Wednesday, December 28, 2005


First, a forward floating around out on "the Interweb"...
North Dakota News - This text is from a county emergency manager out in the western part of North Dakota state after the recent snow storm.

Up here in the Northern Plains we just recovered from a historic event may I even say a "Weather Event" of "Biblical Proportions" --- with a historic blizzard of up to 44" inches of snow and winds to 90 MPH that broke trees in half, knocked down utility poles, stranded hundreds of motorists in lethal snow banks, closed ALL roads, isolated scores of communities and cut power to 10's of thousands.

George Bush did not come....
FEMA did nothing....
No one howled for the government...
No one blamed the government
No one even uttered an expletive on TV...
Jesse Jackson or Al Sharpton did not visit
Our Mayor's did not blame Bush or anyone else
Our Governor did not blame Bush or anyone else either
CNN, ABC, CBS, FOX, or NBC did not visit - or report on this category 5 snow storm
Nobody demanded $2,000 debit cards.....
No one asked for a FEMA Trailer House....
No one looted....
Nobody - I mean Nobody demanded the government do something
Nobody expected the government to do anything either
No Larry King, No Bill O'Rielly, No Oprah
No Chris Mathews and No Geraldo Rivera
No Shaun Penn, No Barbara Striesand, No Hollywood types to be found
Nope, we just melted the snow for water
Sent out caravans of SUV's to pluck people out of snow engulfed cars
The truck drivers pulled people out of snow banks and didn't ask for a penny
Local restaurants made food and the police and fire departments delivered it to the snow bound families
Families took in the stranded people - total strangers
We fired up wood stoves
Broke out coal oil lanterns or coleman lanterns
We put on an extra layer of clothes because up here it is "Work or Die"
We did not wait for some affirmative action government to get us out of a mess created by being immobilized by a welfare program that trades votes for 'sittin at home' checks.

Even though a Category "5" blizzard of this scale has never fallen this early...we know it can happen and how to deal with it ourselves. In my many travels, I have noticed that once one gets north of about 48 degrees North Latitude, 90% of most of the world's social problems seem to evaporate. Coincidence....I think not.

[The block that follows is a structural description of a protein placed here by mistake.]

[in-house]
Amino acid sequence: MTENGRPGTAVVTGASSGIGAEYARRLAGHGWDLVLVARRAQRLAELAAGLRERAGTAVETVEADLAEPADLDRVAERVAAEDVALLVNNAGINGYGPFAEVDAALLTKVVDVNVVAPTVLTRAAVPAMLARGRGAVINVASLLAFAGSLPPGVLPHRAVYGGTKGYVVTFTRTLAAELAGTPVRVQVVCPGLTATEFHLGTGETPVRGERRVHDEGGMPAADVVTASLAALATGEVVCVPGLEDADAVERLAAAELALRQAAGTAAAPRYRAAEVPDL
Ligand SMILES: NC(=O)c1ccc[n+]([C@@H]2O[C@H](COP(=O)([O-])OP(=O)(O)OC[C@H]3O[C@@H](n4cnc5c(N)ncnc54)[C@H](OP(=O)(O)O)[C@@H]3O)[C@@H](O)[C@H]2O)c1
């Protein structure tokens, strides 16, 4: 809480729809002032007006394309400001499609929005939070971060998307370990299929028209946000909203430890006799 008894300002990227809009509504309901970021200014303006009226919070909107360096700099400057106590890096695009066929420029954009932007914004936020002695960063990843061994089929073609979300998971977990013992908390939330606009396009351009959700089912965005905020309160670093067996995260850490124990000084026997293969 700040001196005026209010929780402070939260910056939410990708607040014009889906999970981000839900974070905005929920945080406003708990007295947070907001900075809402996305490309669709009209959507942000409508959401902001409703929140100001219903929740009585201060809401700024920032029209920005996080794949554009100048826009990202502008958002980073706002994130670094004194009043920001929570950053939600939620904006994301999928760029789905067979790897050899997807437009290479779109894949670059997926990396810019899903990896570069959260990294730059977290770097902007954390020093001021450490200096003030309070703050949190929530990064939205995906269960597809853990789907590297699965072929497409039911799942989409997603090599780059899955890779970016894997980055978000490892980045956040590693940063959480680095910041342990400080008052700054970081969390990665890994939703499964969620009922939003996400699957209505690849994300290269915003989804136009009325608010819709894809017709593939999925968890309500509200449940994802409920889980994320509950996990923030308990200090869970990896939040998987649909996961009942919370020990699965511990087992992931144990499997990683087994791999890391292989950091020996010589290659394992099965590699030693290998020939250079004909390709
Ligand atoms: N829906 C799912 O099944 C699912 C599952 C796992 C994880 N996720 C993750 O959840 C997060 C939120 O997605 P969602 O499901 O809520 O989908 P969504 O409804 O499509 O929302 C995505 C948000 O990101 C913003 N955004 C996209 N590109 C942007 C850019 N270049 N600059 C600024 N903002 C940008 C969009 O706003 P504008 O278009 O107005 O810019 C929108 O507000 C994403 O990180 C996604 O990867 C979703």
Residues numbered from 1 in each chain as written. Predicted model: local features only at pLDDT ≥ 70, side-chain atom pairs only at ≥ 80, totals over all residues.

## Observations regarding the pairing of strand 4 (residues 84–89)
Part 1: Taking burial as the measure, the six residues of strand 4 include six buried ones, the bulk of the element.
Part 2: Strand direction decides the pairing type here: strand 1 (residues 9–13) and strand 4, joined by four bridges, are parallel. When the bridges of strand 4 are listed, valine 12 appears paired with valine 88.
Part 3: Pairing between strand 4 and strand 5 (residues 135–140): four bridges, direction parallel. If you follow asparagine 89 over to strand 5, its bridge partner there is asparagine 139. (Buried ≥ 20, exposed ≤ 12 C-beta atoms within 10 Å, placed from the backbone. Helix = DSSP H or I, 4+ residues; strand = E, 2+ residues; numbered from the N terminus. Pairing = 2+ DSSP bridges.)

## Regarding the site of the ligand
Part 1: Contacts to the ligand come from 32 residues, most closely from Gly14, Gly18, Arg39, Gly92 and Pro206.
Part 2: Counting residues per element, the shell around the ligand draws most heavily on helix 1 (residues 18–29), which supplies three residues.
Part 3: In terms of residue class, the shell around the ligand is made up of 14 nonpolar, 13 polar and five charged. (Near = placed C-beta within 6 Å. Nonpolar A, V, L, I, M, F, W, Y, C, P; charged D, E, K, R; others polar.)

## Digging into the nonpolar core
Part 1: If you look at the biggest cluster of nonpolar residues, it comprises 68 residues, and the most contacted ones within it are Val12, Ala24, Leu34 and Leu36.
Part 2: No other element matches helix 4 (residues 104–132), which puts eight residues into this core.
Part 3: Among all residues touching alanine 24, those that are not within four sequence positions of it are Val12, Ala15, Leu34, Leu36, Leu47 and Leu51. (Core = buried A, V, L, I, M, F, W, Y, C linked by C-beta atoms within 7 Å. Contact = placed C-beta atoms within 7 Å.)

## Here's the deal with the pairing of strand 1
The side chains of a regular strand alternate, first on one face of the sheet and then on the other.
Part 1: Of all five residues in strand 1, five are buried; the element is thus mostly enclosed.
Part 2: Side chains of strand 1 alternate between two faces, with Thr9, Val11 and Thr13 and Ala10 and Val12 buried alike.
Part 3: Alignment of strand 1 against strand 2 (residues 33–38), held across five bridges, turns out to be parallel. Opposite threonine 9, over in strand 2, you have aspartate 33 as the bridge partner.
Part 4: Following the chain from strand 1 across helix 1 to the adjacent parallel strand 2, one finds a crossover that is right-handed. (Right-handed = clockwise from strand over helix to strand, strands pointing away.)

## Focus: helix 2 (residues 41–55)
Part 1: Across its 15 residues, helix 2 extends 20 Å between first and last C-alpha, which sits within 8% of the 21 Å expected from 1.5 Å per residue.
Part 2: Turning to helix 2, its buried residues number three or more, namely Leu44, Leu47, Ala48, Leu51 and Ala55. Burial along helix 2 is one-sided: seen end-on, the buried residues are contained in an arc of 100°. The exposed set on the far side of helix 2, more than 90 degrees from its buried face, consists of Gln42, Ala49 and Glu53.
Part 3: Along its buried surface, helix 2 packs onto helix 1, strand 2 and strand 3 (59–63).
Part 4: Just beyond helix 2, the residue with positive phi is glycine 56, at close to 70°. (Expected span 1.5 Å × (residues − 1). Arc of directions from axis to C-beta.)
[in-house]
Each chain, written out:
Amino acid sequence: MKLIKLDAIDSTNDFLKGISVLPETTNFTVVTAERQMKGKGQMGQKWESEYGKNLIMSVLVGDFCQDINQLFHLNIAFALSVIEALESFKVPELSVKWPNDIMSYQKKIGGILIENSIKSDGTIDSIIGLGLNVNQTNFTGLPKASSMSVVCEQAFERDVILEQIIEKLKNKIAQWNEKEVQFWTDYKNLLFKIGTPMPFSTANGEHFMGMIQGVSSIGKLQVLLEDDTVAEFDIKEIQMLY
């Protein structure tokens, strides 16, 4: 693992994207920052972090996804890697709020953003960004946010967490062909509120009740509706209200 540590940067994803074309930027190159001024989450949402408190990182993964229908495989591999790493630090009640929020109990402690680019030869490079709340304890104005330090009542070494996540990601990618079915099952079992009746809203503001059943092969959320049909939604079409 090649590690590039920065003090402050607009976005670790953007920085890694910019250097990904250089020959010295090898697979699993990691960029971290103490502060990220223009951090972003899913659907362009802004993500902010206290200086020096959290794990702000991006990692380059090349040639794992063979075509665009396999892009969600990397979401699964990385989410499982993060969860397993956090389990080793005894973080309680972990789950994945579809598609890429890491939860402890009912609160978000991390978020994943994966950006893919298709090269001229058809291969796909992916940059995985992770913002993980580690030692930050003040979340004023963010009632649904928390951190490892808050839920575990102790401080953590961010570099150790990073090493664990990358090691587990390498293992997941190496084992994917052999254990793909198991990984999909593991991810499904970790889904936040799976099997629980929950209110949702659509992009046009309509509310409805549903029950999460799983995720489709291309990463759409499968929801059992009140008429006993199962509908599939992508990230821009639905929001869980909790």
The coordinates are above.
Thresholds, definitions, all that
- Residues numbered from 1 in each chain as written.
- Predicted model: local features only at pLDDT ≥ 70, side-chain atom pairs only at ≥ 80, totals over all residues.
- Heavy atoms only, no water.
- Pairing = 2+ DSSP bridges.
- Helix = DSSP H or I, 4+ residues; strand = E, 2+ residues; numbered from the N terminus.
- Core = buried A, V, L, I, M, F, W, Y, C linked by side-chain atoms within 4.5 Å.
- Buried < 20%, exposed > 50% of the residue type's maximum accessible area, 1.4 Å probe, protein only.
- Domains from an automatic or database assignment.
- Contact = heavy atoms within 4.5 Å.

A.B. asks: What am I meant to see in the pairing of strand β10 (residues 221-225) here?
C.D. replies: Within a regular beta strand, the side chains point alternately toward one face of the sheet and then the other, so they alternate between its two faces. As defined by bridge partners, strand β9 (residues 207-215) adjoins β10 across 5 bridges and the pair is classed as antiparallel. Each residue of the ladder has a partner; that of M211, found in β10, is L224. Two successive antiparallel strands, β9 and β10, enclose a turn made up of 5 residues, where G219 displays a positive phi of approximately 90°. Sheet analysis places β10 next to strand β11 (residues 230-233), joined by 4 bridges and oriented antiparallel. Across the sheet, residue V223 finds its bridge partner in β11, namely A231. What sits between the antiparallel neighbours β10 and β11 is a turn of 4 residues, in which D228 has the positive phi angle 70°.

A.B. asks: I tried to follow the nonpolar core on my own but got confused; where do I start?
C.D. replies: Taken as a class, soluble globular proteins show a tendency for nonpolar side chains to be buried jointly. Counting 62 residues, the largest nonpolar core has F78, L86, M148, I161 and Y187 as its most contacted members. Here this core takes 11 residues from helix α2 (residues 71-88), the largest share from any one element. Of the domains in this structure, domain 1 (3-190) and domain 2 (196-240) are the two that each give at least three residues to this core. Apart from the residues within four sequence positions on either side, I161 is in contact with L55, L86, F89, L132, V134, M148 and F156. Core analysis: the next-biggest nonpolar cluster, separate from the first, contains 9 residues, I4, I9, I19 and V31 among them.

And now, for the rest of the story.

I agree that there's a strong vein of "rugged individualism" that runs up north, and an expectation for self-reliance--and that's something I'm proud of, being from this neck of the woods. And I get that that was sort of meant as tongue-in-cheek...BUT...I'm not altogether certain that comparing these two situations is all that, well, fair.

I mean, #1, there ain't a hell of a lot of people living above 48 degrees north in general in the U.S. I mean, what does that leave, fifty miles of the northernmost parts of ND, MN, MT, ID & WA? Some of the most isolated, desolate (population-wise especially) regions of the country...I drive through these places, I've lived in these places...other than earth and sky, there isn't much else there. Hell, I'm back in the snow belt at the isolated tip-top of WI now, and even I'm not up at 48 degrees north.

Logistically-speaking, if one had to evacuate a town in ND/MN/etc. for a blizzard (unlikely, given the distances one would need to cover to get to another town in most places, and since most of those weather systems come together fast & cover big swaths of country--plus, there'd be fewer law enforcement/disaster preparedness staffers available than by a metro area), think of how much less authorities would have to deal with. Far fewer people, which means far fewer resources to have to put, you'd be dealing with smaller communities, where people most likely know each other better and are used to working together, so there'd be a lot of previously established relationships to build on. Also, buildings are constructed differently up north, with basements, stronger insulation, etc., so if people do have to shelter in place, they've got much sturdier places to do so in. Also, these are people who are used to not being able to get out to a store every day, given either weather, distance, or a combination of the two. Urban life, from what little I've experienced, is a different animal: more services available, more stores close by, perhaps less immediate perceived need (at least by past perspectives, before the hurricanes hit and gave some people a reality check) to stockpile stuff the way rural people tend to do (and I mean, like, really rural people, who live more than an hour from some suburbs).